Loss cripples Gophers' high hopes

The Gophers self-destructed in the second half against Wisconsin with penalties, turnovers and other mistakes. Even coach Tim Brewster admitted it will be a tough loss to put behind them.

Maybe this should have been expected. Maybe it was too much, too fast in Gopher land.

That 7-1 start is a distant memory now, particularly after a miserable second half led to Minnesota's 35-32 loss to Wisconsin.

Three personal fouls, two safeties, a fumbled kickoff ... all in the second half, all leading to the Gophers' third-straight loss. Minnesota led the game, 21-7 at the half. That didn't matter much by the end of the game.

"We're going to lay on a sword for the next couple days," Gophers coach Tim Brewster said. "We're going to bleed this one out hard. This will be tough to let go."

They don't have long. The Gophers finish the regular season at home Saturday against Indiana. At 7-4, they need a victory to stay out of the Big Ten's bottom bowl — the Motor City Bowl in Detroit. It's a long fall from the Rose Bowl aspirations of a few weeks ago.

Wisconsin scored 11 points in fewer than three minutes in the fourth quarter, turning a 24-17 deficit into a 28-24 lead. A P.J. Hill touchdown run was followed by Troy Stoudermire's fumbled kickoff return. The ball was knocked through the back of the end zone for a Badgers safety, then the next Gophers possession started at the 7. A sack and false start pushed them back to the goal line, where Adam Weber was sacked on third down for the second safety in less than three minutes.

Those are the type of mistakes young teams typically make, but the Gophers managed to avoid through the first eight weeks of the season. Not so over the last three games, all losses.

"Such a disappointing loss," Brewster said. "Heck, we had an opportunity to come in here and do something special. And we didn't get it done. It's a tough pill to swallow."

NOTES

  • MLB Lee Campbell pulled a hamstring and S Kyle Theret injured his left leg in a span of three plays early in the third quarter. The personnel losses were a big blow to the defense.

  • RB Shady Salamon received nine carries, his most extensive work in a few weeks, as the coaches try to ignite a stagnant running game. Fellow freshman DeLeon Eskridge hasn't been effective after a fast start to his career. Eskridge further fell out of favor on Saturday with his fumbled handoff from Adam Weber. Eskridge and Salamon combined for 107 rushing yards against Wisconsin.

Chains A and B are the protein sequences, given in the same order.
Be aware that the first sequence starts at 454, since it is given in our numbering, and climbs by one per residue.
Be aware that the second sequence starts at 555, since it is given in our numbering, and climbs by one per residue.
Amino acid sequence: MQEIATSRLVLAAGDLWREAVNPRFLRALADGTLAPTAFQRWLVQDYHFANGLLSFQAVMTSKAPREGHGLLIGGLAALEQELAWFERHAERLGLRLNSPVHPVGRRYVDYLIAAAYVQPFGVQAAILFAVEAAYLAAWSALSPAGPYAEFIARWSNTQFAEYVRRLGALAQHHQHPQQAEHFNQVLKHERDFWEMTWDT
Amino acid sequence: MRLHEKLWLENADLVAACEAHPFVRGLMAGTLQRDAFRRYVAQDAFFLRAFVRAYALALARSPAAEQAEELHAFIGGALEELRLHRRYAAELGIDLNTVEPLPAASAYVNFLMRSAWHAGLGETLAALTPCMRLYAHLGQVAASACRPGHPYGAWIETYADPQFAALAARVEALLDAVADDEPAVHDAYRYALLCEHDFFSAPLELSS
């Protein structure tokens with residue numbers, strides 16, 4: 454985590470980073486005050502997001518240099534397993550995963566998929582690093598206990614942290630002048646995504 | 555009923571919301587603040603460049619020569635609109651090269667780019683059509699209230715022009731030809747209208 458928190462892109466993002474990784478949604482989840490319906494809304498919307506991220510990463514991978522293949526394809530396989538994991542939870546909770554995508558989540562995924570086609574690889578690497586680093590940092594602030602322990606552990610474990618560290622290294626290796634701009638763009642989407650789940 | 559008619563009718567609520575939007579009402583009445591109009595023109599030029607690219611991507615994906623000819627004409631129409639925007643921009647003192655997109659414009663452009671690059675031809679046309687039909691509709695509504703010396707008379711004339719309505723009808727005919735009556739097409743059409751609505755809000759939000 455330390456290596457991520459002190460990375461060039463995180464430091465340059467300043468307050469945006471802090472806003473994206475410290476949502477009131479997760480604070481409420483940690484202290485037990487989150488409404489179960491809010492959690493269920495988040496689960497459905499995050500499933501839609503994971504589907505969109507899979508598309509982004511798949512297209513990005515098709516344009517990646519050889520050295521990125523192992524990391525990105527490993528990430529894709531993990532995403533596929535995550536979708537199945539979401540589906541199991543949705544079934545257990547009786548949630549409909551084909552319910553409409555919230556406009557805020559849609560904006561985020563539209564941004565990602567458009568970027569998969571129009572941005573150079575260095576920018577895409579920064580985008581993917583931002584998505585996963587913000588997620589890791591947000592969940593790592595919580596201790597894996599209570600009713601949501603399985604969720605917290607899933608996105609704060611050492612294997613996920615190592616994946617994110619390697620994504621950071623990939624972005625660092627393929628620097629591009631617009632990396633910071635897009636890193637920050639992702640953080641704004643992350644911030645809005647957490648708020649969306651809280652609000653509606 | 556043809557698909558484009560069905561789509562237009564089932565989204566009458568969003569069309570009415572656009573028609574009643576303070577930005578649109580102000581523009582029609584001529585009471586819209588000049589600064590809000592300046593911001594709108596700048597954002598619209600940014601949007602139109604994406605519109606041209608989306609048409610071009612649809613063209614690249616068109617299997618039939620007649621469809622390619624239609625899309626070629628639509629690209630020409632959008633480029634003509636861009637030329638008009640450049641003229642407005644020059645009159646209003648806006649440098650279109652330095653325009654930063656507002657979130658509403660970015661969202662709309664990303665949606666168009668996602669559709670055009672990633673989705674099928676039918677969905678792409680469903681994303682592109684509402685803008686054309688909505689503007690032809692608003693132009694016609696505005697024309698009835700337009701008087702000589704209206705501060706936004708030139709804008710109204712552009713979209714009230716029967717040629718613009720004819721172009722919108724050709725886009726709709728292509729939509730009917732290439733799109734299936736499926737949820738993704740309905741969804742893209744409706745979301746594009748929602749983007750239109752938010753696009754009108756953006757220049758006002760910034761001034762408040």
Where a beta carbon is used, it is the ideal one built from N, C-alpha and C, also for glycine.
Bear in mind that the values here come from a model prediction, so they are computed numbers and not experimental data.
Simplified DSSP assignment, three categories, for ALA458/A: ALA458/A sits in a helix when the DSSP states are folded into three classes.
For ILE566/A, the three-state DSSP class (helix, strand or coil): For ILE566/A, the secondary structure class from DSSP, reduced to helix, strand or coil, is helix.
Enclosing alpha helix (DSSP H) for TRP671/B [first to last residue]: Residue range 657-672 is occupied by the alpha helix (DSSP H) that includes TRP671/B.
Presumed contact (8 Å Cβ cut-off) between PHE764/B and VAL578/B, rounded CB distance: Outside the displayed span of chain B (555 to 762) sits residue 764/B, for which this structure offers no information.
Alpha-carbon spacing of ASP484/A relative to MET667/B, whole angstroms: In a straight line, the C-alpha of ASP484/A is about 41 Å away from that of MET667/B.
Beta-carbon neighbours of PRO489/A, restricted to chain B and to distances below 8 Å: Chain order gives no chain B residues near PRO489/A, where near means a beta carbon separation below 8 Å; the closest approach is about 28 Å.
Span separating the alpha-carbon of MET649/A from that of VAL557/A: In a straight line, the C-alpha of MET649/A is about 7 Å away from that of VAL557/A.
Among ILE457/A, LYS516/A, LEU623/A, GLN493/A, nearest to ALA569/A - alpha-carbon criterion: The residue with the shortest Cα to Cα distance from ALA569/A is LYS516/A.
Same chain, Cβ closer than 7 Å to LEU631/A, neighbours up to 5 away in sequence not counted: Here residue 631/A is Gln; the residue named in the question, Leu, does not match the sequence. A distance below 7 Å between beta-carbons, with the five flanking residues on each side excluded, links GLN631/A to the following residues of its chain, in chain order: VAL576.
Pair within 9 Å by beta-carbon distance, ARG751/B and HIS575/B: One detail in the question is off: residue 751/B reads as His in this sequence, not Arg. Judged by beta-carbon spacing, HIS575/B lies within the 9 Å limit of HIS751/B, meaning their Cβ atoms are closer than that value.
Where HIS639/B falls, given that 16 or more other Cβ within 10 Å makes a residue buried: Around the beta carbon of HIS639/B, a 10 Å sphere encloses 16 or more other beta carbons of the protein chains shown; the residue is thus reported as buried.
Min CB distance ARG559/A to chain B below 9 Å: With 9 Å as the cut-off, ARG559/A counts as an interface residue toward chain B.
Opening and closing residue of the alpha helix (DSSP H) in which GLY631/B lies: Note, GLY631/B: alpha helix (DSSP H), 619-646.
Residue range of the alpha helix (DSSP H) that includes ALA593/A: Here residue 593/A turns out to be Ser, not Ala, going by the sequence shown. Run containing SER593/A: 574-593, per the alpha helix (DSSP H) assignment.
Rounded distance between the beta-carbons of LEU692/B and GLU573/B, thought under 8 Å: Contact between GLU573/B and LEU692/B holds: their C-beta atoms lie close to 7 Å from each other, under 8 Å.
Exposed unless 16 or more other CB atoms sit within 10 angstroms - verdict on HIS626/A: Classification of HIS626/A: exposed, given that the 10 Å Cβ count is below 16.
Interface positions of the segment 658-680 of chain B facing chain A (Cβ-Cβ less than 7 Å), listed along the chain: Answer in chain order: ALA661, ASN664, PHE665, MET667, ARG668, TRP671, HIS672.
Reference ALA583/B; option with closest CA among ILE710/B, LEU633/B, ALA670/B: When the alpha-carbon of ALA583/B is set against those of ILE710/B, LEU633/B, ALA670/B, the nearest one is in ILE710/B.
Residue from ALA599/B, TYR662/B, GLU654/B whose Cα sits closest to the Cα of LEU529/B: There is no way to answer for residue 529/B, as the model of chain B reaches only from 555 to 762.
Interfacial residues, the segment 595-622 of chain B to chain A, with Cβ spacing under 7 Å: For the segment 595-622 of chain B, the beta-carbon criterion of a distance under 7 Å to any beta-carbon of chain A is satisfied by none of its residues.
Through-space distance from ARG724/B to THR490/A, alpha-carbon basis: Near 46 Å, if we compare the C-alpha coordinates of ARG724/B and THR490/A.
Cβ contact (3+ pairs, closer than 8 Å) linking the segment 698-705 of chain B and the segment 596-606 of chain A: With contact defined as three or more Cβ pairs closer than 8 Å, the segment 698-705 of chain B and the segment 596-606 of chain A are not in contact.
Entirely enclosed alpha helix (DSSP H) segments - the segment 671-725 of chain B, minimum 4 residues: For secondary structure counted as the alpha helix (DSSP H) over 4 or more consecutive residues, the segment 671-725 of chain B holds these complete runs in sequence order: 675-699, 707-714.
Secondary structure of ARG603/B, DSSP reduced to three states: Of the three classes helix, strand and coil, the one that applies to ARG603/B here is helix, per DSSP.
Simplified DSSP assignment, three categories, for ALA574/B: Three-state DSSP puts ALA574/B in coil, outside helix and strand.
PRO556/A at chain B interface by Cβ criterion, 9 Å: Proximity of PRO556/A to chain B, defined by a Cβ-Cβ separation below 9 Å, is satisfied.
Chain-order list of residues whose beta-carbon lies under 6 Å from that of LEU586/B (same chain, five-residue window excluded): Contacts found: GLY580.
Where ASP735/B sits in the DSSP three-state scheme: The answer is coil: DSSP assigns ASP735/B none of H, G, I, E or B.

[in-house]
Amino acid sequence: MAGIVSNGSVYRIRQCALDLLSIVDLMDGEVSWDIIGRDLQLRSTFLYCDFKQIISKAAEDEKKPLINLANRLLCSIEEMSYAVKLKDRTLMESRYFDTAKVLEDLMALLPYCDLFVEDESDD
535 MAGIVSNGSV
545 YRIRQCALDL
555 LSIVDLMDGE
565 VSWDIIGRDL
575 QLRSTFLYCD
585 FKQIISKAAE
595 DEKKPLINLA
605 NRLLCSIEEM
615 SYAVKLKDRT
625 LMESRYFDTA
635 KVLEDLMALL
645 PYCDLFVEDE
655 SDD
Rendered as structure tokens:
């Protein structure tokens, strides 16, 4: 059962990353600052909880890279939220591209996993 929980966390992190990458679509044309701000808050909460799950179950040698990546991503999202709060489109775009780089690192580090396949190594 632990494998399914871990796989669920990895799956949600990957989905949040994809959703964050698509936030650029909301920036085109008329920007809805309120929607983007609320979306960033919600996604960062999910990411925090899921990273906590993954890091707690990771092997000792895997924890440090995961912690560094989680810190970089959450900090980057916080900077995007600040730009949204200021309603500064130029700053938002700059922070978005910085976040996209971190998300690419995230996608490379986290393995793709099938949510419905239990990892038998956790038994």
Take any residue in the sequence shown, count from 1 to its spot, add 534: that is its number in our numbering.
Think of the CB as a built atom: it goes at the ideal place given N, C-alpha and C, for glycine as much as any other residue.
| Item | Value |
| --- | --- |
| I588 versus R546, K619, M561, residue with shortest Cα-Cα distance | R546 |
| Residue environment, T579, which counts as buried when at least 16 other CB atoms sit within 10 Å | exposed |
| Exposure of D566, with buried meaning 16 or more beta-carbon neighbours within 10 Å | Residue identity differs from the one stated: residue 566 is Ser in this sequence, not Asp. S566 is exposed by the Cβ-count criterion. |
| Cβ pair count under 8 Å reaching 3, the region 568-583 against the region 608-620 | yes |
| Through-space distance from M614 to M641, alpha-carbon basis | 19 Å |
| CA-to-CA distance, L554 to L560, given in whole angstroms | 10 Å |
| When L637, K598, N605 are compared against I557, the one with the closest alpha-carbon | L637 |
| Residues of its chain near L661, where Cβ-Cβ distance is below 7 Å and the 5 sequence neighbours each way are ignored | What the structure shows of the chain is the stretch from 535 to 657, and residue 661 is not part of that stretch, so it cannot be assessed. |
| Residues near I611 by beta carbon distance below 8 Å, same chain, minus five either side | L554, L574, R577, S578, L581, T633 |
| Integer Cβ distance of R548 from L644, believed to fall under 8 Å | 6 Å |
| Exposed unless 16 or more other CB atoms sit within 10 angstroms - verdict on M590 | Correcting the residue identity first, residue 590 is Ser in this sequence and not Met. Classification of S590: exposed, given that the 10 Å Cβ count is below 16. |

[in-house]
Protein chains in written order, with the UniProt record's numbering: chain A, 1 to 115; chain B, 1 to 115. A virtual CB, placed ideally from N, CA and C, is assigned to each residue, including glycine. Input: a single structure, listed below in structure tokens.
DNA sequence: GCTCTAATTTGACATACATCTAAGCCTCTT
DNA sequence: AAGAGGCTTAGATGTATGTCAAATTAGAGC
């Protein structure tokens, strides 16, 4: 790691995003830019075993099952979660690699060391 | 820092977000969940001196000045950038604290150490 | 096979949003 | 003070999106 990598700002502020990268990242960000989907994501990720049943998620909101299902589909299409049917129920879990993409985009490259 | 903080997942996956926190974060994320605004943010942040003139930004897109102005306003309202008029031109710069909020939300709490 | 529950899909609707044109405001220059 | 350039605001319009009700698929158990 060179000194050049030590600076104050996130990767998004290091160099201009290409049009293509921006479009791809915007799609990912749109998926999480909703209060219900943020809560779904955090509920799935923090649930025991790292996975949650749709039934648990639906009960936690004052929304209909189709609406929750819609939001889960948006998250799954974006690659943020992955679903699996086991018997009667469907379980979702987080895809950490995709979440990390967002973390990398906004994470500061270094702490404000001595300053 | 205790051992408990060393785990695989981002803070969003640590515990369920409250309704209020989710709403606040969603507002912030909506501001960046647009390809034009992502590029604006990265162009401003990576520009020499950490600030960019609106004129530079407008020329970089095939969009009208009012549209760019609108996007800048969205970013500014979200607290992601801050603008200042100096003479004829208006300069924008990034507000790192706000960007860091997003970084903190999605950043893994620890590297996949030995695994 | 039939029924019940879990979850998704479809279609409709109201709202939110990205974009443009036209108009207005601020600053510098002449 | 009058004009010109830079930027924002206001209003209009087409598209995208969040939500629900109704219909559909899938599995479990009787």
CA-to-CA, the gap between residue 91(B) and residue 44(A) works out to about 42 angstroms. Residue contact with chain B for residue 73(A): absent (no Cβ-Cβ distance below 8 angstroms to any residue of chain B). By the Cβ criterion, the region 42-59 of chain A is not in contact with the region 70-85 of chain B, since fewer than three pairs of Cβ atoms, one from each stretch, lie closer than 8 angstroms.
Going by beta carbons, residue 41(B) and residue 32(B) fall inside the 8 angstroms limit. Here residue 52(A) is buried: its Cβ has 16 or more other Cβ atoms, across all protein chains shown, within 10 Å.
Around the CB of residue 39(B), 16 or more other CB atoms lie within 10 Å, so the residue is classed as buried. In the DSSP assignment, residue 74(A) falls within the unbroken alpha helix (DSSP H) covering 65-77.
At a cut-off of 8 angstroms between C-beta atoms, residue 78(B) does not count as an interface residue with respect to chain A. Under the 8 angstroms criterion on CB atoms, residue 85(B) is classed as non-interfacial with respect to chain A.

GAME BALL GOES TO: QB Adam Weber — Again finished as the team's leading rusher (43 yards, one TD) while throwing for 202 yards and three scores. The Gophers must get Weber more help with the running game, but real improvement won't be made now until next season.

    KEEP AN EYE ON: WRs Brandon Green and Brodrick Smith — The pair of freshmen combined for 125 receiving yards and each caught a touchdown. Green and Smith could join with a healthy Eric Decker to give the Gophers a potent receiving corps next season.

    LOOKING GOOD: The defense forced Wisconsin to fumble five times, and the Gophers were able to recover three of them. The turnovers were part of the reason Minnesota was able to build the 14-point bulge at the half.

    Willie VanDeSteeg collected three tackles, all for losses, including a pair of sacks, to become Minnesota's all-time leader in career tackles for losses with 43.5. He is also now fourth in career sacks with 19.5.

    Garrett Brown had a huge first quarter, blocking a 33-yard field goal, breaking up a pass and recovering a fumble, all within the game's first 15 minutes.

    STILL NEEDS WORK: DeLeon Eskridge fumbled a handoff exchange from Adam Weber on the Gophers' opening drive, giving Wisconsin possession at the 10-yard line. Little did anyone know it would actually get worse from there for Minnesota.

    On the drive when Wisconsin tied the game at 24, DE Willie VanDeSteeg sacked Badgers QB Dustin Sherer on first down and had him in his grasp on second-and-19. But Sherer wiggled away, completed a 17-yard pass and had 15 more yards tacked on thanks to a late hit by Tramaine Brock. Soon, the Badgers had their touchdown and a tie game. "When you get that close to the quarterback, when you have him in your arms, you shouldn't let him go," VanDeSteeg said. "That's my fault right there."

    Minnesota committed three costly personal fouls and turned it over three times. It's difficult to win games on the road with mistakes in the special teams and with turnovers.

    QUOTE TO NOTE: "We're going to lay on a sword for the next couple days. We're going to bleed this one out hard. This will be tough to let go." — coach Tim Brewster


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